41. Thorarinsson S (1967) The Surtsey eruption and related scientific work. Polar Rec 13(86):571–578CrossRefGoogle Scholar
  42. Tibaldi A, Bonali FL (2017) Intra-arc and back-arc volcano-tectonics: magma pathways at Holocene Alaska-Aleutian volcanoes. Earth Sci Rev 167:1–26CrossRefGoogle Scholar
  43. Vanderkluysen L, Harris AJL, Kelfoun K, Bonadonna C, Ripepe M (2012) Bombs behaving badly: unexpected trajectories and cooling of volcanic projectiles. Bull Volcanol 74(8):1849–1858CrossRefGoogle Scholar
  44. Van Eaton AR, Schneider DJ, Smith CM, Haney MM, Lyons JJ, Said R, Fee D, Holzworth RH, Mastin LG (2019) Did ice-charging generate volcanic lightning during the 2016–2017 eruption of Bogos lof volcano, Alaska? Bull Volcanol (in press)Google Scholar
  45. Vergniolle S, Mangan M (2000) Hawaiian and Strombolian eruptions. In: Sigurdsson H (ed) Encyclopedia of volcanoes. Academic Press, San Diego, pp 447–462Google Scholar
  46. Waitt RB, Mastin LG, Miller TP (1995) Ballistic showers during Crater Peak eruptions of Mount Spurr volcano, Summer 1992. In Keith TEC (ed.) The 1992 eruptions of Crater Peak Vent, Mount Spurr volcano, Alaska. US Geol Surv Bull 2139:89–106Google Scholar
  47. Waters AC, Fisher RV (1971) Base surges and their deposits: Capelinhos and Taal volcanoes. J Geophys Res 76:5596–5614CrossRefGoogle Scholar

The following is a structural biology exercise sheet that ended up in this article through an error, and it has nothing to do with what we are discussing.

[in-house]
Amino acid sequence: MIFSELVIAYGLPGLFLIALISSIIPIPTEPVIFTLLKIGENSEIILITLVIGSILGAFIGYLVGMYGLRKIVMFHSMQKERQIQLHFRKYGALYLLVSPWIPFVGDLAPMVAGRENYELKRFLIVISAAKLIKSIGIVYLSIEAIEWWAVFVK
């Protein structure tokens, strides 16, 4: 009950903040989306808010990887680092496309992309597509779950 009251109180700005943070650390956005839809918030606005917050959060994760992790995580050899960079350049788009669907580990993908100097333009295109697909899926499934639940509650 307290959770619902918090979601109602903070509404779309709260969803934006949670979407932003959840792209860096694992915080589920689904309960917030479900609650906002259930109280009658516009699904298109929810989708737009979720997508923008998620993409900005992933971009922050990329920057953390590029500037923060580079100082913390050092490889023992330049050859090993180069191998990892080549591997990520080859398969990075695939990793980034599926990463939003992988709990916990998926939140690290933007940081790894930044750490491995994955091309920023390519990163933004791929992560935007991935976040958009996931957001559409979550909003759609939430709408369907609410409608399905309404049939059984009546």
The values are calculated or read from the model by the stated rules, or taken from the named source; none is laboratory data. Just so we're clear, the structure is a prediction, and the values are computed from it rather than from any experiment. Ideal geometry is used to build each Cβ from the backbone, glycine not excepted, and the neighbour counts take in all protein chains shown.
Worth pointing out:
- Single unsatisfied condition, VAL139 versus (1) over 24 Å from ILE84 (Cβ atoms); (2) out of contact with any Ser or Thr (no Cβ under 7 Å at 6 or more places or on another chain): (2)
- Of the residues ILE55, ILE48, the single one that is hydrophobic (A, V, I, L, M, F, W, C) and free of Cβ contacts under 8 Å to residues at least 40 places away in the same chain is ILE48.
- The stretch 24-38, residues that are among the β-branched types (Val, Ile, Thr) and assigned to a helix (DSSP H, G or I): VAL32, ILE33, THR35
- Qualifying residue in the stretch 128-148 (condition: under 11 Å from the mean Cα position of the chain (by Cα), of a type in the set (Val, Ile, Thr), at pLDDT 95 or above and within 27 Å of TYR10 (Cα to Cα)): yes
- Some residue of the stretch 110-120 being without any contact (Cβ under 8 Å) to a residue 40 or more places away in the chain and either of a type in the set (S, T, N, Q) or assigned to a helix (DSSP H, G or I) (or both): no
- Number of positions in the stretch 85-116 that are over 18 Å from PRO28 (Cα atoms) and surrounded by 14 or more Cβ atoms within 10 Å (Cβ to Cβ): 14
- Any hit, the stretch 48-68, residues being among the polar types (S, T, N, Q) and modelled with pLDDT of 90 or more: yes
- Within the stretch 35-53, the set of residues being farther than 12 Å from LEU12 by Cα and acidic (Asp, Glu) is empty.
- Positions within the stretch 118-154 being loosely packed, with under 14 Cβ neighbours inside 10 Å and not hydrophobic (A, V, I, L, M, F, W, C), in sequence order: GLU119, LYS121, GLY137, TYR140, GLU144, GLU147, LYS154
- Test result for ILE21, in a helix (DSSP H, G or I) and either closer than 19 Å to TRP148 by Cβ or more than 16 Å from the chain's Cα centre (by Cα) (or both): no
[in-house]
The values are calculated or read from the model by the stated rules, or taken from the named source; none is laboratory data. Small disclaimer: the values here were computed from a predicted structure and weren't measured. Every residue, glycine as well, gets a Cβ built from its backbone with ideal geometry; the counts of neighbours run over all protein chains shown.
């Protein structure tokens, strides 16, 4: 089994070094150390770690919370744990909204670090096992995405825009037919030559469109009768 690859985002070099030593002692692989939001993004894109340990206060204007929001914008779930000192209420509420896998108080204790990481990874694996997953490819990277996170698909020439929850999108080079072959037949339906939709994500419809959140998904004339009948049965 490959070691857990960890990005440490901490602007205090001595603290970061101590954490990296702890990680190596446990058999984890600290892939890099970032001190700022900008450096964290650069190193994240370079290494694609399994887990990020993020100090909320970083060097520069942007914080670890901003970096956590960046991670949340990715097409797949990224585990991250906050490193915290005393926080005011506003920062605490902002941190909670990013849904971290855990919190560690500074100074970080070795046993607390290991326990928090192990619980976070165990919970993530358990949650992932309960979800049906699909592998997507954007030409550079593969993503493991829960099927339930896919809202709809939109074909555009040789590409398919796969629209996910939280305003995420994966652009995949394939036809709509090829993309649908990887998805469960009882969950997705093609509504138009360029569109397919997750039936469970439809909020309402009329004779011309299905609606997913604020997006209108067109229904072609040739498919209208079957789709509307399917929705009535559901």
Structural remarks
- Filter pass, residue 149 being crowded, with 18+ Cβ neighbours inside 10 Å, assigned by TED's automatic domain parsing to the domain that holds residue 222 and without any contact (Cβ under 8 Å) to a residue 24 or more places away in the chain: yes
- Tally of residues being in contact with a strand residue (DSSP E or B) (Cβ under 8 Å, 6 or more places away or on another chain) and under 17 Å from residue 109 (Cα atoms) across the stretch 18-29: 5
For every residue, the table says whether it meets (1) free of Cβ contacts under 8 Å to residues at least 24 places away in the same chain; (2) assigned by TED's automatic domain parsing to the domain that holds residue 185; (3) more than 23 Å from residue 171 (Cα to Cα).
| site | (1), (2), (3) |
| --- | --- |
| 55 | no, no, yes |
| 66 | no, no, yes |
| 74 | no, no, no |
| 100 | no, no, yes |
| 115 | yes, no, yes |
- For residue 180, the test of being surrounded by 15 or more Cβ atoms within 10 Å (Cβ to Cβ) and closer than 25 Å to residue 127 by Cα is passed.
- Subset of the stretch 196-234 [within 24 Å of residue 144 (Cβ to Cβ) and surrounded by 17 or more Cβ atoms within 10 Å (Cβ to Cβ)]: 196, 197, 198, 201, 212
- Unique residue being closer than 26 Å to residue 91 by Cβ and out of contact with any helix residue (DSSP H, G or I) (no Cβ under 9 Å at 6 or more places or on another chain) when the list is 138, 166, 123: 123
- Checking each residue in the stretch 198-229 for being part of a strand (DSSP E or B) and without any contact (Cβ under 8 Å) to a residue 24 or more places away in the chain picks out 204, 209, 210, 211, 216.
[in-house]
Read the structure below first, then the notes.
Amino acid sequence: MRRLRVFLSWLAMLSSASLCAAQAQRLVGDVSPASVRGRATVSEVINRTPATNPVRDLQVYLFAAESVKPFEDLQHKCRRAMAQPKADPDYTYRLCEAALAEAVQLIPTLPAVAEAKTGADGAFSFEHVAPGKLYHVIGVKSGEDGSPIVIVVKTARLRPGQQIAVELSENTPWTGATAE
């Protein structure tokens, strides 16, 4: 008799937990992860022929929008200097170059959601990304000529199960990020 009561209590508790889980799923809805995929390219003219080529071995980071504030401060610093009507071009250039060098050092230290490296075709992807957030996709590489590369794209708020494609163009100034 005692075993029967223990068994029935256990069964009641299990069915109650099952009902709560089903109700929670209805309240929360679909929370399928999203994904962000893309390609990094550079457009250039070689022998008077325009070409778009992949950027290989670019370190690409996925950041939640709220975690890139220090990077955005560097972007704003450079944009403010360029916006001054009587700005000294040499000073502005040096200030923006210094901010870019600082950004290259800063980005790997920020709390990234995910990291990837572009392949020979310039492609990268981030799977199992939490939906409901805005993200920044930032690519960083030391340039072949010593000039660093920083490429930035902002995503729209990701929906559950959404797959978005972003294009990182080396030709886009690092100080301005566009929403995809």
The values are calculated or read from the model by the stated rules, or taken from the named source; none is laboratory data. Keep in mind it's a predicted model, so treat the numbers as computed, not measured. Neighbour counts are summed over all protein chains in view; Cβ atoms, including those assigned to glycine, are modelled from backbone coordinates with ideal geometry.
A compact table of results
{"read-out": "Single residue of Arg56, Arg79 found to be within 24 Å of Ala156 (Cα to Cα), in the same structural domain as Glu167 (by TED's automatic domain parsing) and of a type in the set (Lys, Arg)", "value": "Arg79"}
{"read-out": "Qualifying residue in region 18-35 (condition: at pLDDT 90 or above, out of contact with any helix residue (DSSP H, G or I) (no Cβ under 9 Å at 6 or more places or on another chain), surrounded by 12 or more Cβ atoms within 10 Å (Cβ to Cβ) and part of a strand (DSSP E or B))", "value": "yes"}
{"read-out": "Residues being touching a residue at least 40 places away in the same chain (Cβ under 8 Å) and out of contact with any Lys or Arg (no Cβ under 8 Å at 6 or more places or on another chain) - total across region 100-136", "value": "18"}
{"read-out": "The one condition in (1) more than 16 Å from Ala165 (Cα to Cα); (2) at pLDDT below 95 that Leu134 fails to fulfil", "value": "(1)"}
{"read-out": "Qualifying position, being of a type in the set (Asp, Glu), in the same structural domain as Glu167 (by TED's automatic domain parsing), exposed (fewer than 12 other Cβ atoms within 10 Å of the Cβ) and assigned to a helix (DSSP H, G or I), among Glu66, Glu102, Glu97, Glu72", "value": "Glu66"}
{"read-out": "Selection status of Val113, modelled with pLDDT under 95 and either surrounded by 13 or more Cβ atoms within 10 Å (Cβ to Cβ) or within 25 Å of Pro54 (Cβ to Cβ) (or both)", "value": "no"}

48. Waythomas CF, Cameron CE (2018) Historical eruptions and hazards at Bogoslof volcano, Alaska. U.S. Geological Survey Scientific Investigations Report 2018–5085, p 42.
  49. Waythomas CF, Loewen M, Larsen JF, Wallace K, Cameron C (2019a) Geology and eruptive history of Bogoslof volcano. Bull Volcanol (in press)Google Scholar
  50. Waythomas CF, Angeli K, Wessels R (2019b) 2016–2017 evolution of the submarine-subaerial edifice of Bogoslof volcano. Alaska, based on analysis of satellite imagery. Bull Volcanol (in press)Google Scholar
  51. Williams GT, Kennedy BM, Wilson TM, Fitzgerald RH, Tsunematsu K, Teissier A (2017) Buildings vs. ballistics: quantifying the vulnerability of buildings to volcanic ballistic impacts using field studies and pneumatic cannon experiments. J Volcanol Geotherm Res 343:171–180CrossRefGoogle Scholar
  52. Wilson L (1972) Explosive volcanic eruptions—II. The atmospheric trajectories of pyroclasts. Geophys J R Astron Soc 30:381–392CrossRefGoogle Scholar
  53. Wolfe EW (1988) The Puu Oo eruption of Kilauea volcano, Hawaii: Episodes 1 through 20, January 3, 1983, through June 8, 1984, U.S. Geol Surv Prof Paper 1463 pp 251Google Scholar
  54. Zimanowski B (1998) Phreatomagmatic explosions. In: Freundt A, Rosi M (eds) From magma to tephra: modeling physical processes of explosive volcanic eruptions. Elsevier, Amsterdam pp, pp 25–53Google Scholar

Copyright information

© This is a U.S. government work and not under copyright protection in the U.S.; foreign copyright protection may apply 2020

Authors and Affiliations

  1. 1.U.S. Geological SurveyAlaska Volcano ObservatoryAnchorageUSA
  2. 2.U.S. Geological SurveyCascades Volcano ObservatoryVancouverUSA

Personalised recommendations